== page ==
While medical therapy is an essential weapon in the battle against rosacea, identifying and avoiding the individual lifestyle and environmental factors that may aggravate the disorder can be a critical tactic to include in the arsenal. In National Rosacea Society (NRS) surveys of patients who pinpointed and steered clear of their personal rosacea triggers, more than 90 percent reported that this had reduced their rosacea flare-ups.
Individuals with prominent neurologic symptoms might be considered a subset of rosacea, according to a report by Dr. Tiffany Scharschmidt and colleagues at the department of dermatology, University of California-San Francisco.1
In their study of 14 rosacea patients, the researchers found that a high percentage had neurologic (43 percent) or neuropsychiatric (50 percent) conditions such as headache, depression, essential tremor and obsessive-compulsive disorder.
The knowledgeable use of cosmetics combined with topical medication prescribed by your dermatologist can camouflage the embarrassing redness, bumps and pimples of rosacea with a smooth appearance while medical therapy works to minimize or banish the underlying condition.
The National Rosacea Society (NRS) has awarded funding for three new studies in addition to continuing support for five ongoing studies as part of its research grants program to increase knowledge and understanding of the potential causes and other key aspects of rosacea.
The following announcement was issued by Intendis, Inc.:
INTENDIS INTRODUCES "THE ROSACEA APP"
Information at the Tip of Your Fingers
The latest issue of Rosacea Review is now online at rosacea.org. This issue announces new research grant awards, funded by individual donations to the National Rosacea Society, and also offers advice to rosacea patients who are struggling to control the lifestyle and environmental factors that trigger flare-ups of signs and symptoms.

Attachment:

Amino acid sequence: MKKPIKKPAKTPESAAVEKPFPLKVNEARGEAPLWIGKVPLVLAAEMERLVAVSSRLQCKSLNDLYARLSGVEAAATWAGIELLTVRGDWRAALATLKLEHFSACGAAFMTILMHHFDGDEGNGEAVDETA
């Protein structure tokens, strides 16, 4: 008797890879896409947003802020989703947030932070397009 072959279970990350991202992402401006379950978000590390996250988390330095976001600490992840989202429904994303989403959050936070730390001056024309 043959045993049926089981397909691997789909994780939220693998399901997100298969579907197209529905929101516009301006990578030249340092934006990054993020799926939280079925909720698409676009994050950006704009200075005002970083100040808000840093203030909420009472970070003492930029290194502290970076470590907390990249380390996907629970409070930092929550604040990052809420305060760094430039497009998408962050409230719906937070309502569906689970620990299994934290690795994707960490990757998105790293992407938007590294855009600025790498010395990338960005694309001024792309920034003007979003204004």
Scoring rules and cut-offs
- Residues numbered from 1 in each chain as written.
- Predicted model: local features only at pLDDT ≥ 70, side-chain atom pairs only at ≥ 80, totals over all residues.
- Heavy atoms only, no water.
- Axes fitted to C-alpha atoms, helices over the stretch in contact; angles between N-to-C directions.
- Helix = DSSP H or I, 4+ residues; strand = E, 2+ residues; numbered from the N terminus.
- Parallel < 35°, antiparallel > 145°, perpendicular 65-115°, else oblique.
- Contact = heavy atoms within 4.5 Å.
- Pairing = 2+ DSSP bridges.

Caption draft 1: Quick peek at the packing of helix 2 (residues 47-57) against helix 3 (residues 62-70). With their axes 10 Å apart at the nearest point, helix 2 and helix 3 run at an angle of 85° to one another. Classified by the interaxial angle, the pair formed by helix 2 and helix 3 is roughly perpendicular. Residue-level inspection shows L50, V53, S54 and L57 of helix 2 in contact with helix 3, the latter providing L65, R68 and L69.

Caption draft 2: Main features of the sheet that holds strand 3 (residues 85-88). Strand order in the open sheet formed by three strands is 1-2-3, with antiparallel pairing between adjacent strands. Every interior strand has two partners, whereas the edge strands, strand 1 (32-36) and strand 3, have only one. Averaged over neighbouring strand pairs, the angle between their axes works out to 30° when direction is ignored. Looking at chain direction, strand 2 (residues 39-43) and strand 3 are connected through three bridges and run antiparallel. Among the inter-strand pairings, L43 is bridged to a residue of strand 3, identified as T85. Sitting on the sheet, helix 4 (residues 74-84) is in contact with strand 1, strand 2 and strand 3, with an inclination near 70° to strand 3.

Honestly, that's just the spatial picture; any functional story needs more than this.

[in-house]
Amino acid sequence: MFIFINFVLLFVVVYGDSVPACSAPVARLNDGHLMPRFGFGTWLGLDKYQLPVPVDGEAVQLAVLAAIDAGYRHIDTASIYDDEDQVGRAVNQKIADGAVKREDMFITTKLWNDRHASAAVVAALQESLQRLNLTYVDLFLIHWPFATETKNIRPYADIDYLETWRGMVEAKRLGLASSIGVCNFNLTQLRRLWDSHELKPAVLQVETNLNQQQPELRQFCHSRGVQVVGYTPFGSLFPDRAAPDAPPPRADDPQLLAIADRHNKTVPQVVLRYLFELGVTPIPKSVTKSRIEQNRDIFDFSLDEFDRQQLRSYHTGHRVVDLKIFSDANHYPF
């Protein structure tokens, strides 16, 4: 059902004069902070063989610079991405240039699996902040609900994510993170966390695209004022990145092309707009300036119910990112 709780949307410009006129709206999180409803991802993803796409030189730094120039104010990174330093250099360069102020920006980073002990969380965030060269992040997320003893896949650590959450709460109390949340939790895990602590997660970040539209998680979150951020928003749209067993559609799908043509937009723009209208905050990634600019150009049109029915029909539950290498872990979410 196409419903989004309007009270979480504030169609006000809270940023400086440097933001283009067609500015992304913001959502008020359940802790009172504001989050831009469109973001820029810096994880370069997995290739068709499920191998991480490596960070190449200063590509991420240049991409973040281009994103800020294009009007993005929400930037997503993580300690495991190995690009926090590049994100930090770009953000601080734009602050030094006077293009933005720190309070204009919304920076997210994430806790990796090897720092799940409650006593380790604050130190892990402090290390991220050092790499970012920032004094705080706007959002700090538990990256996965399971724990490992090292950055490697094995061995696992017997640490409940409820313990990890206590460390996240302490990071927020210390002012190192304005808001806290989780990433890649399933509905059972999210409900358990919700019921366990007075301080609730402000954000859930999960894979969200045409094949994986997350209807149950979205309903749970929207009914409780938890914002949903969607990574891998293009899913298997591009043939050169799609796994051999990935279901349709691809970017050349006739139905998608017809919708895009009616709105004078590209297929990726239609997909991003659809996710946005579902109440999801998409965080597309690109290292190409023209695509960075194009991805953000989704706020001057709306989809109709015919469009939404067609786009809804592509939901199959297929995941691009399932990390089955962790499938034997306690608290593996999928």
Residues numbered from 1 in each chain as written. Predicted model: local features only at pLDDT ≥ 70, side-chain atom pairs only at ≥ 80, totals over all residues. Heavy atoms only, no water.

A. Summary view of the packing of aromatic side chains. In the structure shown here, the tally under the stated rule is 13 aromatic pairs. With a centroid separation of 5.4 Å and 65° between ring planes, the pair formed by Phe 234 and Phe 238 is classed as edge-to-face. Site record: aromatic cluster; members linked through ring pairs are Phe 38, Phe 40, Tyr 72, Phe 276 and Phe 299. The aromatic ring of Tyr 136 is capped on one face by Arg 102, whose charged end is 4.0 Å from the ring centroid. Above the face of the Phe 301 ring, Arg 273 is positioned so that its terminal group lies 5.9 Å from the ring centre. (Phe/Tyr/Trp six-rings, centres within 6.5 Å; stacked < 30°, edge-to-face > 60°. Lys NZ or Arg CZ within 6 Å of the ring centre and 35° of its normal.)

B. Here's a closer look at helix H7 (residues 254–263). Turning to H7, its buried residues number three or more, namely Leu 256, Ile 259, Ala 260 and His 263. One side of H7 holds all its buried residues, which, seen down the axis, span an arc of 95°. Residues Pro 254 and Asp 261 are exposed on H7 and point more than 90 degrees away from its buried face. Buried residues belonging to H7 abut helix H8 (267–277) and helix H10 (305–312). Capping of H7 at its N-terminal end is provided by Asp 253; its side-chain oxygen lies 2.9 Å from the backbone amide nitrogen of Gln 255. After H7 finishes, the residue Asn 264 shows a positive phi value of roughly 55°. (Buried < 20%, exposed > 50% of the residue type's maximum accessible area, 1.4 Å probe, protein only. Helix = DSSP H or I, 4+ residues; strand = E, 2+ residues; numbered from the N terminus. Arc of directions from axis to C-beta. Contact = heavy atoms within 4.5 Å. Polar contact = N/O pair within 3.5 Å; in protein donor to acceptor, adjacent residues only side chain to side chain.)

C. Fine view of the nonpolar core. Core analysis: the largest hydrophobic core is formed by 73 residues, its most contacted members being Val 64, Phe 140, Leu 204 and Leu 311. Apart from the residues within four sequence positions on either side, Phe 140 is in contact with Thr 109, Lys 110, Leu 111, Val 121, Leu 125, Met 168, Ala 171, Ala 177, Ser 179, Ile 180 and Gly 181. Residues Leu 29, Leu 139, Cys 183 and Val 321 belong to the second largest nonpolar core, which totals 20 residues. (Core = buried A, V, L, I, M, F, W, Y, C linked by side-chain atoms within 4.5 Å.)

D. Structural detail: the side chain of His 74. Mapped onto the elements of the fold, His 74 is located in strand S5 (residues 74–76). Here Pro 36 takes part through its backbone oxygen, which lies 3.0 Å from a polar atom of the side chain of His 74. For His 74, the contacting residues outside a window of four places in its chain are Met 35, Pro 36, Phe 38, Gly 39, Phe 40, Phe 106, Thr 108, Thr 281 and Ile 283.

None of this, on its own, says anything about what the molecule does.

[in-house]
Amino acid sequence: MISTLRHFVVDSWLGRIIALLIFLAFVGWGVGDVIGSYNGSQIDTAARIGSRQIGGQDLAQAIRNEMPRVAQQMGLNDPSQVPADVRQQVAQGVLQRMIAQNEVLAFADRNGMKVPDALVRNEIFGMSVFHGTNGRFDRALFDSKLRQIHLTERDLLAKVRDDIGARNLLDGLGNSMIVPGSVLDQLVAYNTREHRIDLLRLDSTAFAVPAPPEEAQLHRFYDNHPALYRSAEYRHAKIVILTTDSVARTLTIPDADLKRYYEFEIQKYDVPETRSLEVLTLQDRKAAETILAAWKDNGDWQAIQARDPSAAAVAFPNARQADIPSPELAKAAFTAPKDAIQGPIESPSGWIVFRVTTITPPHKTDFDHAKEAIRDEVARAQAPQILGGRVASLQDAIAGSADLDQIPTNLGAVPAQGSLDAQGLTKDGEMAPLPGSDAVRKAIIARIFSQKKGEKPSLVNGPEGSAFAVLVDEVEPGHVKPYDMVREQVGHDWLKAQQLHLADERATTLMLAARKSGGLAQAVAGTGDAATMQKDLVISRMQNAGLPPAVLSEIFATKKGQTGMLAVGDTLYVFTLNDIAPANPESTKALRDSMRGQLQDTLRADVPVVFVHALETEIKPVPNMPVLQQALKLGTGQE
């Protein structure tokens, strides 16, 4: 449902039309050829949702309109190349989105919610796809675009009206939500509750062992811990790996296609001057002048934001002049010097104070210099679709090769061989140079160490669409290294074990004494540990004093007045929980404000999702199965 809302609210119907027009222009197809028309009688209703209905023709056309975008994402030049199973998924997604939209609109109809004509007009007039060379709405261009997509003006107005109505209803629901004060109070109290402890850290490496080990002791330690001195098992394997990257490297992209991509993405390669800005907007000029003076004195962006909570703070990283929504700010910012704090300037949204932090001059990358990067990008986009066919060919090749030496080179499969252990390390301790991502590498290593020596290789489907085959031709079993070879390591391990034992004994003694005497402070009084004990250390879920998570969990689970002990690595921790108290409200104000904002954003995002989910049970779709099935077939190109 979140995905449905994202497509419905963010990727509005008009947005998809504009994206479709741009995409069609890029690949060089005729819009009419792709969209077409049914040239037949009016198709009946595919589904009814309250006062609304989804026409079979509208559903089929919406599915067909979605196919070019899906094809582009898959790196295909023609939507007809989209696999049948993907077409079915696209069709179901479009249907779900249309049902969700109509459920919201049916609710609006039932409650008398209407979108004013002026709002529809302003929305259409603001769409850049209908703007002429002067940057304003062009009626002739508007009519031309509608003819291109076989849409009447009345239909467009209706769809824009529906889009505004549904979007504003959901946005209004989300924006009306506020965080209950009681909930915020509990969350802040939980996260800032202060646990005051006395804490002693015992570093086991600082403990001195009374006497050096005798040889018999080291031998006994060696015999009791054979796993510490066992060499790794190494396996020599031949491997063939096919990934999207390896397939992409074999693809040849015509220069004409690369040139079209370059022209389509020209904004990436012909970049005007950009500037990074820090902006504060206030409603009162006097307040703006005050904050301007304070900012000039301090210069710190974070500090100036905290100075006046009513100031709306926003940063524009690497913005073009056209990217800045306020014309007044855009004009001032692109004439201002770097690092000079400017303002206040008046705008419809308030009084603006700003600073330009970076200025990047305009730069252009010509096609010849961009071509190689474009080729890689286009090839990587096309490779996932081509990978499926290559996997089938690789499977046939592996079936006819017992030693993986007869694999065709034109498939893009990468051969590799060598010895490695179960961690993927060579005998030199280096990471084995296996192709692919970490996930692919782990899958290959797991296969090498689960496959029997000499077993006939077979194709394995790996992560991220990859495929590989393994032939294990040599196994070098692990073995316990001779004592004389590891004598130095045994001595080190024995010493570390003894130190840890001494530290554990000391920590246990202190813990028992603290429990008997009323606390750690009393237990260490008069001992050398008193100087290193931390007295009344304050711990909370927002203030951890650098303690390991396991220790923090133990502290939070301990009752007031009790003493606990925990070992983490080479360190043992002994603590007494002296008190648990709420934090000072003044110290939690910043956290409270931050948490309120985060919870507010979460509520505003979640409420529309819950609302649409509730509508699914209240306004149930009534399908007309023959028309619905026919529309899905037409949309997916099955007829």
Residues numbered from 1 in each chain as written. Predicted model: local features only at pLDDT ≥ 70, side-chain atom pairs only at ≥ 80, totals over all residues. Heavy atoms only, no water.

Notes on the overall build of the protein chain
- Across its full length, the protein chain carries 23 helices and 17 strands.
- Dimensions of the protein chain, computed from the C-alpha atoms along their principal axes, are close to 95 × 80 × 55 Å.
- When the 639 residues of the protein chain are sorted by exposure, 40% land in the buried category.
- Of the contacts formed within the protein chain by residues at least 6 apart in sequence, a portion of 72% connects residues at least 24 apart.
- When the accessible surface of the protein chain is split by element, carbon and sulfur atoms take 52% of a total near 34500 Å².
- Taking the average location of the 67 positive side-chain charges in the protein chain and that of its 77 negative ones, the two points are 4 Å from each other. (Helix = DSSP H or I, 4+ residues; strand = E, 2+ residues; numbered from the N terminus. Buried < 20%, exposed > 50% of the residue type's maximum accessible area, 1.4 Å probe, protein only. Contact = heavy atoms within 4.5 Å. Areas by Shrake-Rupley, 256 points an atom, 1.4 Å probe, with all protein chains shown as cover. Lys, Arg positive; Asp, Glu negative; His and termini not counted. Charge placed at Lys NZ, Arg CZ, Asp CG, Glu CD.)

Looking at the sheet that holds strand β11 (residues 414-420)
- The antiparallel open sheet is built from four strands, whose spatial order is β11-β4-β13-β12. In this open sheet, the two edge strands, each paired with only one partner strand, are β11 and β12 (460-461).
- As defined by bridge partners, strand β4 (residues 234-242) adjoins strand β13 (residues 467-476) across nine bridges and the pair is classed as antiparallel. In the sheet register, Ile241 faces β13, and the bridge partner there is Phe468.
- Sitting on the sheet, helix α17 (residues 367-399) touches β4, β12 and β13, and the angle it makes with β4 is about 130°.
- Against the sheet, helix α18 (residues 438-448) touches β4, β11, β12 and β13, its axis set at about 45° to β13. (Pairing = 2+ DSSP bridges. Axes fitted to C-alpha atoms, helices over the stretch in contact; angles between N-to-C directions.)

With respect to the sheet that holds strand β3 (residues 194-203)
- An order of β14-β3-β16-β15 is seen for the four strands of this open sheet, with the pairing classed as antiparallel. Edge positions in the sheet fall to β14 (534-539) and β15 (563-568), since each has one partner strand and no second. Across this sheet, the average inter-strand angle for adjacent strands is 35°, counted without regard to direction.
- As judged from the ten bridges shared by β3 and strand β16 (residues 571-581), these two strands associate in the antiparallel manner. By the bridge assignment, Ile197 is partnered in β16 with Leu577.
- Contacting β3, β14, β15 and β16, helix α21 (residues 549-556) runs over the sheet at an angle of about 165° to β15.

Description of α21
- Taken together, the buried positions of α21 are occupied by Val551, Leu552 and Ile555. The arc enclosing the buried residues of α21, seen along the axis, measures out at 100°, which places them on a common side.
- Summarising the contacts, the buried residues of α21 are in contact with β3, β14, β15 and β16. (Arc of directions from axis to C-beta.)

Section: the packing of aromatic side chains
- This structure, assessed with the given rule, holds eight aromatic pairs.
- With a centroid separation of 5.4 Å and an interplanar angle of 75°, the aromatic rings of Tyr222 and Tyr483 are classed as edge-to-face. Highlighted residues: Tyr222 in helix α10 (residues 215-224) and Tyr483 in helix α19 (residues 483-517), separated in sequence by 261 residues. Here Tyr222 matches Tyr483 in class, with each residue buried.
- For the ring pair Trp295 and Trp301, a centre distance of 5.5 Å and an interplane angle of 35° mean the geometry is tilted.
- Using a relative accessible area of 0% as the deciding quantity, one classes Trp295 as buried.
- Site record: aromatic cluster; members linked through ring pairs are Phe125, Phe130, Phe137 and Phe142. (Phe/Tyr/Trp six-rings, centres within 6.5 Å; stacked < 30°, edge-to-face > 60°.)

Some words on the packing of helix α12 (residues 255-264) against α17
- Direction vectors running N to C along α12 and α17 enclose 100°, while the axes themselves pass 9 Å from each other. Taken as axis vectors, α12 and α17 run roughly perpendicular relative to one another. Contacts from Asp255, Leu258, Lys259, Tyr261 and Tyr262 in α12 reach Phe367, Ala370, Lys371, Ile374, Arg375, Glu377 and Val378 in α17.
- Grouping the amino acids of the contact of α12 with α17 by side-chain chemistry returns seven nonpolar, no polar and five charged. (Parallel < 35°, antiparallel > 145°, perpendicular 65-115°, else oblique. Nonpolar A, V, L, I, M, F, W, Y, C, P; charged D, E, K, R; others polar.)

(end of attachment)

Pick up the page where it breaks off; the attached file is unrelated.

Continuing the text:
Much to their chagrin, millions of American adults are now walking around red-faced, and many of them don’t know why. They may assume it’s just a temporary complexion problem, and like teenage acne it will eventually go away by itself. What they don’t realize is that they are likely to be unknowing victims of rosacea – “The Great Impostor” – a complex and potentially serious facial disorder that can lead to significant disruption and untold anguish in their personal lives if left untreated.
Unless effectively controlled, rosacea can play havoc on job interactions and employment, according to a new survey by the National Rosacea Society on the impact in the workplace of this widespread, red-faced disorder now estimated to affect more than 16 million Americans.
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The National Rosacea Society is a 501(c)(3) nonprofit organization whose mission is to improve the lives of people with rosacea by raising awareness, providing public health information and supporting medical research on this widespread but little-known disorder. The information the Society provides should not be considered medical advice, nor is it intended to replace
consultation with a qualified physician. The Society does not evaluate, endorse or recommend any particular medications, products, equipment or treatments. Rosacea may vary substantially from one patient to another, and treatment must be tailored by a physician for each individual case. For more information, visit About Us.